Litecoin News Update
The “chikun” is getting slaughtered again, and this time, it may be the Koreans feasting on it. Cryptocurrency traders in South Korea may finally have a deadline to get their act together before the government comes hunting down for the speculators.
According to some reports, January 20 may be the last day for Korean traders running incognito accounts before they are sent packing. It doesn’t take one to be a high-functioning genius to guess the obvious. These traders have preempted the inevitable outcome of the soon-to-be-imposed crypto-regulations. (Source: “South Korea Sets Date for Anonymous Crypto Trading Ban: Report,” CoinDesk, January 2, 2018.)
The fear of the crackdown has thrown a scare into the crypto-market, where the antsy traders are now unwinding their positions to avoid losing their money.
I’m looking at Litecoin’s trading volume for the past 24 hours and a good quarter of it has flowed in from the South Korean exchanges.
Two of South Korea’s largest exchanges, OKEx and Bithumb, have jointly contributed to about 25% of the total trades in Litecoin in the past one day.
Volumes are good barometers for gauging demand and supply. High volumes preceding rising prices translate into high demand. You can easily guess that there are far more buyers out there than sellers.
On the contrary, high volumes coupled with dropping prices are an indication of weak demand. That’s exactly what Litecoin investors are witnessing right now. Sellers are outnumbering buyers and the majority of them seem to be based in South Korea.
In case you haven’t been following, the South Korean government is planning to put a curb on speculative cryptocurrency trading. Under the proposed regulations, the government will be banning all fake, nameless, or duplicative accounts involved in cryptocurrency trading to ensure the safety of investors.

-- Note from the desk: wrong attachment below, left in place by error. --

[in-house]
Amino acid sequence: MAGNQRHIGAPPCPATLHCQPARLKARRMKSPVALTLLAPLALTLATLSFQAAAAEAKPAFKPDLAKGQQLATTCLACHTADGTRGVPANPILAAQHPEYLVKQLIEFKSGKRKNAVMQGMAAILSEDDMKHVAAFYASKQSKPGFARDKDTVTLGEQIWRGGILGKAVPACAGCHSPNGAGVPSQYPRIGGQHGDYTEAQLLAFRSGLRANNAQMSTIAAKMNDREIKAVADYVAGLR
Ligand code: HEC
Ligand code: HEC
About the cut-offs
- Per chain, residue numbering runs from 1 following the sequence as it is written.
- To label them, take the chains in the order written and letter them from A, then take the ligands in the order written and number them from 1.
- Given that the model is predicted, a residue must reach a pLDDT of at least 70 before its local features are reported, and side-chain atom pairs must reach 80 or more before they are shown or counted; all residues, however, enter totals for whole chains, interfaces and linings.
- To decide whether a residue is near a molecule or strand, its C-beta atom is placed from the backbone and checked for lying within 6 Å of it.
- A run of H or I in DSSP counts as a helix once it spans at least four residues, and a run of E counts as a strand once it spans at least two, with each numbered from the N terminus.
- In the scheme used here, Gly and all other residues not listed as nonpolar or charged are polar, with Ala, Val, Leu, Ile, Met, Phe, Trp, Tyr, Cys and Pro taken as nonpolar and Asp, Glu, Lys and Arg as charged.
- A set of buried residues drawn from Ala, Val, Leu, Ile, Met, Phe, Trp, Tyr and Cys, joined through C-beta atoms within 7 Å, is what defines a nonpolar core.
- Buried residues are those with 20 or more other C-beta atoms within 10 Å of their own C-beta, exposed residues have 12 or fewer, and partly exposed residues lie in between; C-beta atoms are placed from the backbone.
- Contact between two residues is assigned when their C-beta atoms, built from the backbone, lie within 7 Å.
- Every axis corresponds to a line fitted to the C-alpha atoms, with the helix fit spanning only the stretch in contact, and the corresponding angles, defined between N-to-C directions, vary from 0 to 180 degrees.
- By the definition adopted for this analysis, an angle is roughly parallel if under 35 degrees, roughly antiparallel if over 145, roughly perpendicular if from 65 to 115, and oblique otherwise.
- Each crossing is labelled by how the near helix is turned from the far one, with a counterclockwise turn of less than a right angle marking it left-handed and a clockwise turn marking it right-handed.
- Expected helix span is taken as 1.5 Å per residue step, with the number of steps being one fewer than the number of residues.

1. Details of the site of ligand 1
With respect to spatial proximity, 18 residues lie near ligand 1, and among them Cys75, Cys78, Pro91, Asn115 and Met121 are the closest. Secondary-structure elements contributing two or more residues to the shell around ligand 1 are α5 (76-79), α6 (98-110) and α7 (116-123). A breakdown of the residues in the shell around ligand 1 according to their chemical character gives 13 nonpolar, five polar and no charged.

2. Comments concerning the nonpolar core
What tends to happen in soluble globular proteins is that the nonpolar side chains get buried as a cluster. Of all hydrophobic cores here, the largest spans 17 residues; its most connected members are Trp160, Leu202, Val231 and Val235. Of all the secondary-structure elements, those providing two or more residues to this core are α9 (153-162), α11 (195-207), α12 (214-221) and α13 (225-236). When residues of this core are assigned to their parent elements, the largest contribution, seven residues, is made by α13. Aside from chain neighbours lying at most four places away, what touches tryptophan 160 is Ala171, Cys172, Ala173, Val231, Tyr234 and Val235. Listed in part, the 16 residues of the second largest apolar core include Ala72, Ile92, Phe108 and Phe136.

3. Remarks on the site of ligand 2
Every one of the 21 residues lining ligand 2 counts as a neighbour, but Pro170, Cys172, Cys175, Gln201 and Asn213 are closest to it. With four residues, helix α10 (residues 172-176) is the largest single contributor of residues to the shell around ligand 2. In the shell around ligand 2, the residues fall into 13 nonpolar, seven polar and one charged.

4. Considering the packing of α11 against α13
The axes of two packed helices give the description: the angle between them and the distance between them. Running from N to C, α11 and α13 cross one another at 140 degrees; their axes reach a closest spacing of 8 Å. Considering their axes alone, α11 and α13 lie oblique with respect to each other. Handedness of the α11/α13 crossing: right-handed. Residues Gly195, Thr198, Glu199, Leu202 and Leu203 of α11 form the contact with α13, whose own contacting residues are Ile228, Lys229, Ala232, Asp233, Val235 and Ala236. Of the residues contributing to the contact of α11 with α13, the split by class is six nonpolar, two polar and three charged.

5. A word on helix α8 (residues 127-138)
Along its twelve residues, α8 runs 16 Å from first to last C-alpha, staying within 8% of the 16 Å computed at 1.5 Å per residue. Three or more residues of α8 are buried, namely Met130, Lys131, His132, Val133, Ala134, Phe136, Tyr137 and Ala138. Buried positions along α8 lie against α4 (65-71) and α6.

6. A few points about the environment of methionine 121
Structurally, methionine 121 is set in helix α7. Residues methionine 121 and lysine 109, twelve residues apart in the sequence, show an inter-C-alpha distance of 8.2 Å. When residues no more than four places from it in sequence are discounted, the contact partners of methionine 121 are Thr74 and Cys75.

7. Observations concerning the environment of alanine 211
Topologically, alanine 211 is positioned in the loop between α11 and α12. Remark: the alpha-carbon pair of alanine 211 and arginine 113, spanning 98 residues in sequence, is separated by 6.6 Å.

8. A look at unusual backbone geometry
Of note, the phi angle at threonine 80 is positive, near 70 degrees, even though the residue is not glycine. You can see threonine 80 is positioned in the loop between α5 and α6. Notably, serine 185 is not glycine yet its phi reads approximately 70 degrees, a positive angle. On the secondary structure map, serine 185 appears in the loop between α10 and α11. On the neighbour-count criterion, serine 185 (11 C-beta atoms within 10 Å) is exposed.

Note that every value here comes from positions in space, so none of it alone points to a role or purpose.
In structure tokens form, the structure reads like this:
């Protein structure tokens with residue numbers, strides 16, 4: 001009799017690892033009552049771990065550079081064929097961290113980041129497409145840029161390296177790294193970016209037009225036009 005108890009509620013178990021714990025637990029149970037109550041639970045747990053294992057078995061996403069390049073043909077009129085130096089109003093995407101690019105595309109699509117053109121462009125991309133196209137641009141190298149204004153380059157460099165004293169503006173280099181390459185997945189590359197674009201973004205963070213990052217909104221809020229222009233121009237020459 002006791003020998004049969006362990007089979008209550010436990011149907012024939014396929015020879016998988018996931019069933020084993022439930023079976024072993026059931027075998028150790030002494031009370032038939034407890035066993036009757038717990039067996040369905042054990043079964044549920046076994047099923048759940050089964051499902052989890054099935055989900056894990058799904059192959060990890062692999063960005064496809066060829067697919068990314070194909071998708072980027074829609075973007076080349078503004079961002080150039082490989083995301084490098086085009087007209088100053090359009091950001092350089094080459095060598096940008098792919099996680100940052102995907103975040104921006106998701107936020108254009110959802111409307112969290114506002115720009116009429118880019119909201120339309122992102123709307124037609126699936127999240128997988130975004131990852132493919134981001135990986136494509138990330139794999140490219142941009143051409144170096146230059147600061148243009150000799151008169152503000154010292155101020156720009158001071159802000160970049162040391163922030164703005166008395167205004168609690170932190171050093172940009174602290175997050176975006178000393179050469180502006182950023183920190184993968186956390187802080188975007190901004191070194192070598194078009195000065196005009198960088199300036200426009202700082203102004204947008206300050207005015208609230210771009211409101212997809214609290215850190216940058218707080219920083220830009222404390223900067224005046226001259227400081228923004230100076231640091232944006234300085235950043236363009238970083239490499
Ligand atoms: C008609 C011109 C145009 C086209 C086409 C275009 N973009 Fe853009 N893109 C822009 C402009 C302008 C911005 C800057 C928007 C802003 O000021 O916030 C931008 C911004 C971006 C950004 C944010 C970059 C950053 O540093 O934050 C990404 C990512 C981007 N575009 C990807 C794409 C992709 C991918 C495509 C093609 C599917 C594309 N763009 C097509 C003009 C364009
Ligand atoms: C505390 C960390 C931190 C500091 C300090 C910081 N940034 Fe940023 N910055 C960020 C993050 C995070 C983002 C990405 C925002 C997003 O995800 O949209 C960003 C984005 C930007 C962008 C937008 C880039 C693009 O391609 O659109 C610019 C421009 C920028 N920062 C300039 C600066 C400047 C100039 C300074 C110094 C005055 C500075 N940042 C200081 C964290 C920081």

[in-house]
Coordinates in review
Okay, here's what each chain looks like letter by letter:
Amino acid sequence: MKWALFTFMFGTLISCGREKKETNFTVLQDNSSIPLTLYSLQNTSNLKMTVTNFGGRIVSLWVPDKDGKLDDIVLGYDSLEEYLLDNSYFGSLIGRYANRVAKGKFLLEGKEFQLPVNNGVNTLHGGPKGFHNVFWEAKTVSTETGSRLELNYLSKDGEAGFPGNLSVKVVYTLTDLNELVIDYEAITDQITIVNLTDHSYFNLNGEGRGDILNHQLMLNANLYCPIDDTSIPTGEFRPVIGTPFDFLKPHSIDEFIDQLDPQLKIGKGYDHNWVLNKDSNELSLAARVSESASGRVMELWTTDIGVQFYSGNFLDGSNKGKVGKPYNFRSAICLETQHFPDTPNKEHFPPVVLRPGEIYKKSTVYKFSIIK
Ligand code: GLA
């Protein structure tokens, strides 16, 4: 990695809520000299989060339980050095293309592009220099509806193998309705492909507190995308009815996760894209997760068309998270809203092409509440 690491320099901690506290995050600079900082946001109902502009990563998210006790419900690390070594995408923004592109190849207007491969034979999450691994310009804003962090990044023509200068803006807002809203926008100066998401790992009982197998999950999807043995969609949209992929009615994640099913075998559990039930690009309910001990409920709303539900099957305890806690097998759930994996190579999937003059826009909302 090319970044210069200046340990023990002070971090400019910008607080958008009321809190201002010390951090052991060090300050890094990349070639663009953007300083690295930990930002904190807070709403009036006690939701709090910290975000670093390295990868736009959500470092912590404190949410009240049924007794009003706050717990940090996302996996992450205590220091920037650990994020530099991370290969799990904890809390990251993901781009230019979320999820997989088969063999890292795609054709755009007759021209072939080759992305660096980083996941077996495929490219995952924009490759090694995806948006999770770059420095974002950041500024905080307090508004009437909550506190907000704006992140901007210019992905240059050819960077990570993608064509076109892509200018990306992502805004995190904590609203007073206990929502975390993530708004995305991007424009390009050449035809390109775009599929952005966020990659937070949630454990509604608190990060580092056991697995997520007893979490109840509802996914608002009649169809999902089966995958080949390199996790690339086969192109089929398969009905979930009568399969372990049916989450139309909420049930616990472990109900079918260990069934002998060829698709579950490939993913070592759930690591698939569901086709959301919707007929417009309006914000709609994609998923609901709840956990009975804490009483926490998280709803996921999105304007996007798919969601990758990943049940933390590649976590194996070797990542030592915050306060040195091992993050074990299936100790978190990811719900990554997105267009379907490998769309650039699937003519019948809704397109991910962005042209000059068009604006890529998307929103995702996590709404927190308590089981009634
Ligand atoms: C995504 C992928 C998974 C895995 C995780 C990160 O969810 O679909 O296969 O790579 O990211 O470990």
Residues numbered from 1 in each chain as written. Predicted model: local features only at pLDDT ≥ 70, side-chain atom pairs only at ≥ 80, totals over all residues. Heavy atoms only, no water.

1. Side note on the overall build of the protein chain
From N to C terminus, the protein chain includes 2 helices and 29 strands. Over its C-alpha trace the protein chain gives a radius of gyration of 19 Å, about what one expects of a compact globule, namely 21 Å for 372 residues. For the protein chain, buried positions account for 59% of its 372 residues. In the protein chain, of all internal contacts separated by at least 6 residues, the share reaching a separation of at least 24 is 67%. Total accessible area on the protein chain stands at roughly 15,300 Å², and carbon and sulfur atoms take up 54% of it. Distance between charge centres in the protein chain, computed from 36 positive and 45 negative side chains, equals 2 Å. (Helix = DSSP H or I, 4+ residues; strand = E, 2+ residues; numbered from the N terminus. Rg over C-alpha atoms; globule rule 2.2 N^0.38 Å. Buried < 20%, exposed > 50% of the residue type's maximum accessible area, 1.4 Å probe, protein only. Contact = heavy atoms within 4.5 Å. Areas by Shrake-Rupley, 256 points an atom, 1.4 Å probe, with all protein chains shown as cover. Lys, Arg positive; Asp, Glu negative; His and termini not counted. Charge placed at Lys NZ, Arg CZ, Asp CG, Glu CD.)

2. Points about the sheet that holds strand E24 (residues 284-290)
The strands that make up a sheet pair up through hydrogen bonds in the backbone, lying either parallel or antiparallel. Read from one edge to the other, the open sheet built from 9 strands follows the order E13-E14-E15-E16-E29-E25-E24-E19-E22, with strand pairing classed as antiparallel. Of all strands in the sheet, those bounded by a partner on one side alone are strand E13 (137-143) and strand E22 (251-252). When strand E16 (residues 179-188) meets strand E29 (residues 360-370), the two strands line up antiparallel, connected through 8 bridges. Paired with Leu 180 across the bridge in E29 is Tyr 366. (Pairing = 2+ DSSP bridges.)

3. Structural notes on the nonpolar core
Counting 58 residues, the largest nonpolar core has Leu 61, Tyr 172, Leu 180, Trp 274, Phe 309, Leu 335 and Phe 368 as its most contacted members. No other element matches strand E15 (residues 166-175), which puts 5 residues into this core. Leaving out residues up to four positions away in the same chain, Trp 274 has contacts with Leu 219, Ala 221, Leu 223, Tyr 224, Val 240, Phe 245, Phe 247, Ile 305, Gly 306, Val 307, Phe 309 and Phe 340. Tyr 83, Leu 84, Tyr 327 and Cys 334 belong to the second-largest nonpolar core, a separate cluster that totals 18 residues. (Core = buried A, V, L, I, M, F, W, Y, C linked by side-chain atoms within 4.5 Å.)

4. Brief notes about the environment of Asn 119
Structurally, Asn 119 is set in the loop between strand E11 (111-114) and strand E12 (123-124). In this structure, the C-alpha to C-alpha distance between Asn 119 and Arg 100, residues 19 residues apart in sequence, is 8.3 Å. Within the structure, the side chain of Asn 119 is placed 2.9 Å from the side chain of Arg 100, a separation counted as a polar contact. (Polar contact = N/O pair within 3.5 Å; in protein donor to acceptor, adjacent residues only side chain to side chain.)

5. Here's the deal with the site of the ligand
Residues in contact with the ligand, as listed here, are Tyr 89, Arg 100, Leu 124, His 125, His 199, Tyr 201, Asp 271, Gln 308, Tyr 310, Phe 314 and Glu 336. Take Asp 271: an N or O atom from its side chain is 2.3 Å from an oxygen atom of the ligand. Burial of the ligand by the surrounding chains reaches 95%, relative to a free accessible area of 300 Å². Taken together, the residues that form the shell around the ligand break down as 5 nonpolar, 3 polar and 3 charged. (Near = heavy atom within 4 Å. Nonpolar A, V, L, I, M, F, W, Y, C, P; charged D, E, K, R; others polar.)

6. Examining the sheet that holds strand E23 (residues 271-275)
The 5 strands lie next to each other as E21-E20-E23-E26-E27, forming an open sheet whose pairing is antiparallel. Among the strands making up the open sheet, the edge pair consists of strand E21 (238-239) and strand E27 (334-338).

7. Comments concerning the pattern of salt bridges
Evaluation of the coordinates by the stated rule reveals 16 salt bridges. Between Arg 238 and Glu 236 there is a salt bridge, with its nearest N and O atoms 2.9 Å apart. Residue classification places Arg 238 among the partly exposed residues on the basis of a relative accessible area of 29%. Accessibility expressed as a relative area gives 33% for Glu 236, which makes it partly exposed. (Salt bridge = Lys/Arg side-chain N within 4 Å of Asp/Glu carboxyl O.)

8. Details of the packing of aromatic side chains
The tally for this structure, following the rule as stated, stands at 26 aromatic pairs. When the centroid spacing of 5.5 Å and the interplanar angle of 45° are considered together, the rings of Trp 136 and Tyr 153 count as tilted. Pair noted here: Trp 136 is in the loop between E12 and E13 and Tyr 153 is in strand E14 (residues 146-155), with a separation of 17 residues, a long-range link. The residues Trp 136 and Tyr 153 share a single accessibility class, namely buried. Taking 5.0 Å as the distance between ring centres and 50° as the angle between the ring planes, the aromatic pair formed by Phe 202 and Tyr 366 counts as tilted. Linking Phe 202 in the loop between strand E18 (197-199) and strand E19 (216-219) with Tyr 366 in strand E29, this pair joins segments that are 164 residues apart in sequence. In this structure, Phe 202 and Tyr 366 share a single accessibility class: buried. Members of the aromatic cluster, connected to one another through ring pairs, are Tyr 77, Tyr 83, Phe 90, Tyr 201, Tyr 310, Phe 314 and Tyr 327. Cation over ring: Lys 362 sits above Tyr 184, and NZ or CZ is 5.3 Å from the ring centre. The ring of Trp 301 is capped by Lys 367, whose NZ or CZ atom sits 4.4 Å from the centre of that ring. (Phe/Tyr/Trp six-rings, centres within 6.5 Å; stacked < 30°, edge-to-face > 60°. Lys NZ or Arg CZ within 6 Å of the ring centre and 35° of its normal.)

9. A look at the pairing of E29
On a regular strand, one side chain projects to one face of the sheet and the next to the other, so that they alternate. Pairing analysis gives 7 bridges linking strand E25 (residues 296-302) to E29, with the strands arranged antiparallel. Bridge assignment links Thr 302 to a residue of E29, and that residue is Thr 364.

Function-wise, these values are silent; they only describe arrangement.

Likely by the end of this month, all cryptocurrency exchanges would be required to verify account holders’ identities by ensuring that each trading account is linked with an identifiable bank account. Unidentified accounts will be shut down.
For reference, South Korea is one of the three biggest cryptocurrency markets in the world—the other two being the U.S. and Japan.
This is one market where virtually everyone, from grandmas to housewives to young students, is investing in cryptocurrencies. But just as speculators began to dominate this space, the government felt forced to take the necessary actions.
The government fears that speculative trading poses a systemic risk to its markets, and rightly so. The regulations may help ensure that the speculators are not manipulating prices with a pump-and-dump game plan, putting the average investors at risk of losing their life savings.
The Litecoin founder theorizes (and I, alongwith many others, concede) that the South Korean regulations are actually good news for Litecoin. The stringent regulations will help curtail volatility in LTC prices.
Litecoin prices must attain stability for this digital currency to achieve its ultimate purpose—that is, to become a more ubiquitous medium of exchange than Bitcoin.
The mere fact that it is cheaper and faster than Bitcoin may not earn it mass adoption unless prices become more predictable.
We believe that the upheaval in prices is momentary. When the dust settles around the feared Korean regulations, Litecoin prices would be back on the right track.
Our bullishness on Litecoin remains unwavered as we maintain our $400.00 Litecoin price forecast for 2018.